Study: Bad Sleep Habits Could Lead to Heart Failure. Here’s How to Sleep Better Tonight
Recent research found that good sleep habits could reduce your risk of heart failure. The scientists administered surveys to participants that asked questions about sleep quality, such as sleep duration, whether participants are early risers or night owls, how often they felt sleepy during the day, and whether participants had frequent sleep problems like insomnia or snoring.
The scientists found that people who were early risers who slept 7-8 hours per night and didn’t have fragmented sleep (indicated by insomnia, snoring, or feeling tired during the day) were up to 42% less likely to experience heart failure than people who had unhealthy sleep patterns.
The factor with the highest impact on heart health seemed to be feeling sleepy during the day. Participants who had no daytime sleepiness had a 34% lower risk of heart failure than people who did.
Sleep hygiene practices
It’s no surprise that sleep is important. It’s common to think that going to bed at a reasonable hour is what you need to do for good sleep hygiene, but there’s much more to it than that.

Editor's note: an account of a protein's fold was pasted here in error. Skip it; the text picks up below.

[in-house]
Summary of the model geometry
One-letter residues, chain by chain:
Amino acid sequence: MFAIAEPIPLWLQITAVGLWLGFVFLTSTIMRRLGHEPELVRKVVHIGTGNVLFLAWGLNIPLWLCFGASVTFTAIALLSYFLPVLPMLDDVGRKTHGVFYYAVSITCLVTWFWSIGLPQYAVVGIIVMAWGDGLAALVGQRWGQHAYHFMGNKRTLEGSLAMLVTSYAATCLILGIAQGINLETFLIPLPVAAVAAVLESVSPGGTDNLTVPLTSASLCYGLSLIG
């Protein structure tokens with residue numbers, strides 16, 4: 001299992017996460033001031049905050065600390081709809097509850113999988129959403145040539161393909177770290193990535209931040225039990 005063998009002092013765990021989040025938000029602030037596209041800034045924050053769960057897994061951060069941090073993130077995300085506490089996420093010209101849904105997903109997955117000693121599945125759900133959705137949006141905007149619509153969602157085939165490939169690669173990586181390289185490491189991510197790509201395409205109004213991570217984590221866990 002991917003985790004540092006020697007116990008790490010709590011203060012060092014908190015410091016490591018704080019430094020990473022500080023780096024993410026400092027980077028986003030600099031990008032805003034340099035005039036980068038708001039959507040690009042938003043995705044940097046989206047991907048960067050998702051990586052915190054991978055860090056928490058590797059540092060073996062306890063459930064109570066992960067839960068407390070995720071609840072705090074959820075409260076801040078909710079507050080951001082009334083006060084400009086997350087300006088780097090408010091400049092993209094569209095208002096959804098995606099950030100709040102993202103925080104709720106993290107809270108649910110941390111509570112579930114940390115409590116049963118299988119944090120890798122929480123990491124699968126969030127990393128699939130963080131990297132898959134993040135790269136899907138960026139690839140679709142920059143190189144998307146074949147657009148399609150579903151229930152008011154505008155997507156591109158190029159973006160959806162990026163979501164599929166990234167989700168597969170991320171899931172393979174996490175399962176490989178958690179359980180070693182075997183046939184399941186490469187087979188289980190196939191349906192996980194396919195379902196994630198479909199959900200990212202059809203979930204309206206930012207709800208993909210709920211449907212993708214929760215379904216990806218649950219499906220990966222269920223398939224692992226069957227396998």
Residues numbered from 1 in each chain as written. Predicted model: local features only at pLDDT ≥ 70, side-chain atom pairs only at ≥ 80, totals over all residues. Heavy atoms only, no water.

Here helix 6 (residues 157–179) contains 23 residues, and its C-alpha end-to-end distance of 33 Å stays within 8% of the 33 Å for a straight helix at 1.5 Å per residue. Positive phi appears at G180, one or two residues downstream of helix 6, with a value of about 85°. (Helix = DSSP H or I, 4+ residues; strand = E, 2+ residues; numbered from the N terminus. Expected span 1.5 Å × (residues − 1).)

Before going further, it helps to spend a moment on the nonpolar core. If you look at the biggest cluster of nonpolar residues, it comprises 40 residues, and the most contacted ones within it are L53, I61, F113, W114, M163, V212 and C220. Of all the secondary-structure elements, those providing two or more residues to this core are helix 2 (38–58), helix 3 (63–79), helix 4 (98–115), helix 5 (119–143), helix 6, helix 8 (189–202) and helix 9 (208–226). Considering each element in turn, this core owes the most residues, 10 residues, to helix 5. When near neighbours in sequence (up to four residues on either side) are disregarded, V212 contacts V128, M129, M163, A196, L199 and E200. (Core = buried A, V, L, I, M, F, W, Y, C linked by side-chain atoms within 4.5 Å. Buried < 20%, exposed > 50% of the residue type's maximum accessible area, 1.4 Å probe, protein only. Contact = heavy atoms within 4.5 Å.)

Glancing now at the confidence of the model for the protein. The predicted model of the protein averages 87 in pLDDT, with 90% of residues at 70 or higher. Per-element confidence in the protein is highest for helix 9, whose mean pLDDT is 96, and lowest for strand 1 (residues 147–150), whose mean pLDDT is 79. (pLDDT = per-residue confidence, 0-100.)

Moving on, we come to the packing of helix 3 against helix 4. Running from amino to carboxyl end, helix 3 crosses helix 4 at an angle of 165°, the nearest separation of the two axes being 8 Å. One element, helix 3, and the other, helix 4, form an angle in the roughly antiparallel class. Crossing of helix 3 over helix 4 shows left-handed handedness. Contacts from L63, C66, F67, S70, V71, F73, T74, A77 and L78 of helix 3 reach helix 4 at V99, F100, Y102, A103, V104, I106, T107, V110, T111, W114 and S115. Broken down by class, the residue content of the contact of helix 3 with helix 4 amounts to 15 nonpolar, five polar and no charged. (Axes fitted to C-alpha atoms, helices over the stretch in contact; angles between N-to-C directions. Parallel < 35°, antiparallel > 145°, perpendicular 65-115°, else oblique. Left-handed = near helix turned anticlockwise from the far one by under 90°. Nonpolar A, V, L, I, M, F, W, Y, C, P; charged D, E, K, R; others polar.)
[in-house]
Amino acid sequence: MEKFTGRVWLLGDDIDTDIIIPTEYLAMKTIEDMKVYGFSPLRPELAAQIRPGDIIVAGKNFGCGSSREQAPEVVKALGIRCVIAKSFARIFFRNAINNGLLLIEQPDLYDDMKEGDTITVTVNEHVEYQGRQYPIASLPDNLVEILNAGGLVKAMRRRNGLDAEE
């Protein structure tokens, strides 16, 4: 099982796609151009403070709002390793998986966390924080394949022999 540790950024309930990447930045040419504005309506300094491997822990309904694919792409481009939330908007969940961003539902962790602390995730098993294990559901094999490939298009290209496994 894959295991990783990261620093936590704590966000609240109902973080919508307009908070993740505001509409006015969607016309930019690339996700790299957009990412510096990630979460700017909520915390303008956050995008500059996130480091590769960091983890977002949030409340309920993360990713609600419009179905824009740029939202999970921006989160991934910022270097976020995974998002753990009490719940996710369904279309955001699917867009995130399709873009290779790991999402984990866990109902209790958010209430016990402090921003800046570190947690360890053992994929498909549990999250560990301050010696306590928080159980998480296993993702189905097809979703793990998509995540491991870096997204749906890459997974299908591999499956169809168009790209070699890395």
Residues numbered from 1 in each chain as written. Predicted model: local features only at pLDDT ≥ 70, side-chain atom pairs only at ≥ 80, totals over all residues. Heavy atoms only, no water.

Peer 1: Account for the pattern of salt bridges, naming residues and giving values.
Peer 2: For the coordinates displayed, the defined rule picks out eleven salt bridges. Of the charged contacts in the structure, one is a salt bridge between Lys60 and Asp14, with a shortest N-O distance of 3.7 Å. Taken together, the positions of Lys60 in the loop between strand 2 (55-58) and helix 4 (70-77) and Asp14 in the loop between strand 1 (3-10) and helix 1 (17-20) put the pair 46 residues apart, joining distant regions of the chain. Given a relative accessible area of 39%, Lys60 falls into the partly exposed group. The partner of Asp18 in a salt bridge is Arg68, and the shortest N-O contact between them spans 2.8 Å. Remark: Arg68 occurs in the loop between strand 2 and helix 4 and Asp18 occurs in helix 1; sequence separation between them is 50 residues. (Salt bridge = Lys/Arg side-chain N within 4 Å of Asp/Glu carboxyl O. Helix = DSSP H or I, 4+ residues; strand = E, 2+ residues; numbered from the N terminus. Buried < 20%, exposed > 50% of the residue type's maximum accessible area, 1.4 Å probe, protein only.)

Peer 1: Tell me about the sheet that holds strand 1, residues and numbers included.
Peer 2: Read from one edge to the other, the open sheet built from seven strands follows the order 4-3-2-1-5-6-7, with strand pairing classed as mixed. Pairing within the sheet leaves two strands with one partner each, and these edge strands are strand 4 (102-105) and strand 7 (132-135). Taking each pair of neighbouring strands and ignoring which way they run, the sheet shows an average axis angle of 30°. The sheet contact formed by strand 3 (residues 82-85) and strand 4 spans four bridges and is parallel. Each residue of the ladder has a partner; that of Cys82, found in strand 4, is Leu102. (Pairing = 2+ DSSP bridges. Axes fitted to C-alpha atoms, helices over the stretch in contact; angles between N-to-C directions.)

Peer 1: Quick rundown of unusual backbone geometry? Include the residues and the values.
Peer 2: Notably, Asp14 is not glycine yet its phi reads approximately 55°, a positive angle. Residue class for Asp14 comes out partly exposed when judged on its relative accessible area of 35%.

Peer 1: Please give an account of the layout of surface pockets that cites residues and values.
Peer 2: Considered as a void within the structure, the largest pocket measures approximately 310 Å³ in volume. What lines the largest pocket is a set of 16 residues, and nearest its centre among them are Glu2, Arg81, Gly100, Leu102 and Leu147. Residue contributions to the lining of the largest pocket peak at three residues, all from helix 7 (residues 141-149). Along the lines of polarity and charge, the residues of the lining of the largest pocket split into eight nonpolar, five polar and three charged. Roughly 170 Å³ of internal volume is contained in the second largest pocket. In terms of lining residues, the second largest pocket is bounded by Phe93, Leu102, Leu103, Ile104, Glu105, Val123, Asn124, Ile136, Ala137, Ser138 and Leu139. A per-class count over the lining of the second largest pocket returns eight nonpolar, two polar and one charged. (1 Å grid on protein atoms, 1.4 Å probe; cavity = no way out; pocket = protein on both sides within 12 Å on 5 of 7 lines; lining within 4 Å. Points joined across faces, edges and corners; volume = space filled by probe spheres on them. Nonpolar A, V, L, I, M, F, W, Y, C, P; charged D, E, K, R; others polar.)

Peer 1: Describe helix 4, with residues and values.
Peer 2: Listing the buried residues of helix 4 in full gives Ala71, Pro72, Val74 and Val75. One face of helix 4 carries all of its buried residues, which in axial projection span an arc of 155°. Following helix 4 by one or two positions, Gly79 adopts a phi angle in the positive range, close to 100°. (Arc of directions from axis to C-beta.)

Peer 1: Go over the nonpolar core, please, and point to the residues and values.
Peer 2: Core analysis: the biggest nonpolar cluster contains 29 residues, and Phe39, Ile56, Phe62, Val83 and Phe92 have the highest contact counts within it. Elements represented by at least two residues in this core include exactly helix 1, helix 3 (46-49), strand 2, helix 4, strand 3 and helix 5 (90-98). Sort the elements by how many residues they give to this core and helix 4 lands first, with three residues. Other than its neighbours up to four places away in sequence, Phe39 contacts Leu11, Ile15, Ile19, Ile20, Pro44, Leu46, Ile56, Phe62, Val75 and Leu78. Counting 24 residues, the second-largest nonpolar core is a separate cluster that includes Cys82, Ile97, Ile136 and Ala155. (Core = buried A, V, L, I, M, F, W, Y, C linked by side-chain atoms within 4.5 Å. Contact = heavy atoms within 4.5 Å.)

Sleep hygiene involves things like:
- Addressing insomnia
- Finding the root cause of sleep disturbances like snoring or night waking
- Lighting and device use at night
- Nighttime routine
- Caffeine and alcohol use
A lot of people who had no trouble sleeping at the beginning of this year have found themselves
Beyond your heart
This study shows that quality sleep benefits your heart, but it goes beyond that. Sleep benefits your body from top to bottom and everything in between.
On the flip side, poor sleep can negatively affect your life in more ways than you can count. You can recover from a few rough nights here and there, but night after night of poor sleep quality can lead to things like:
These are just a few of the ways that sleep can affect your life.
How to sleep better starting tonight
Set a “lights out” time
During the day, decide when you’ll turn out the light. Ideally, you’ll head back to bed to wind down before you feel tired, and you’ll feel sufficiently tired when it’s time to turn out the lights.
Write out an evening routine
This can be small and simple, like brush your teeth and read a book. Or, it can be as elaborate as you’d like – add a relaxing yoga sequence, an epsom salt bath, prayer and meditation – whatever you need to do to cap your day.
Set a limit on devices in the evening
The wavelengths of light that come from screens can signal to your brain that it’s daytime and disrupt your circadian rhythm. Make sure you’re not on electronic devices an hour before bed.
No caffeine after lunch
Caffeine can stay in your system for hours after you feel the effects. Keep your coffee and tea consumption to the morning hours so that it doens’t rev your engine before bed.
If you tried a handful of these to no avail, you might need a doctor to evaluate your sleep and rule out more serious problems.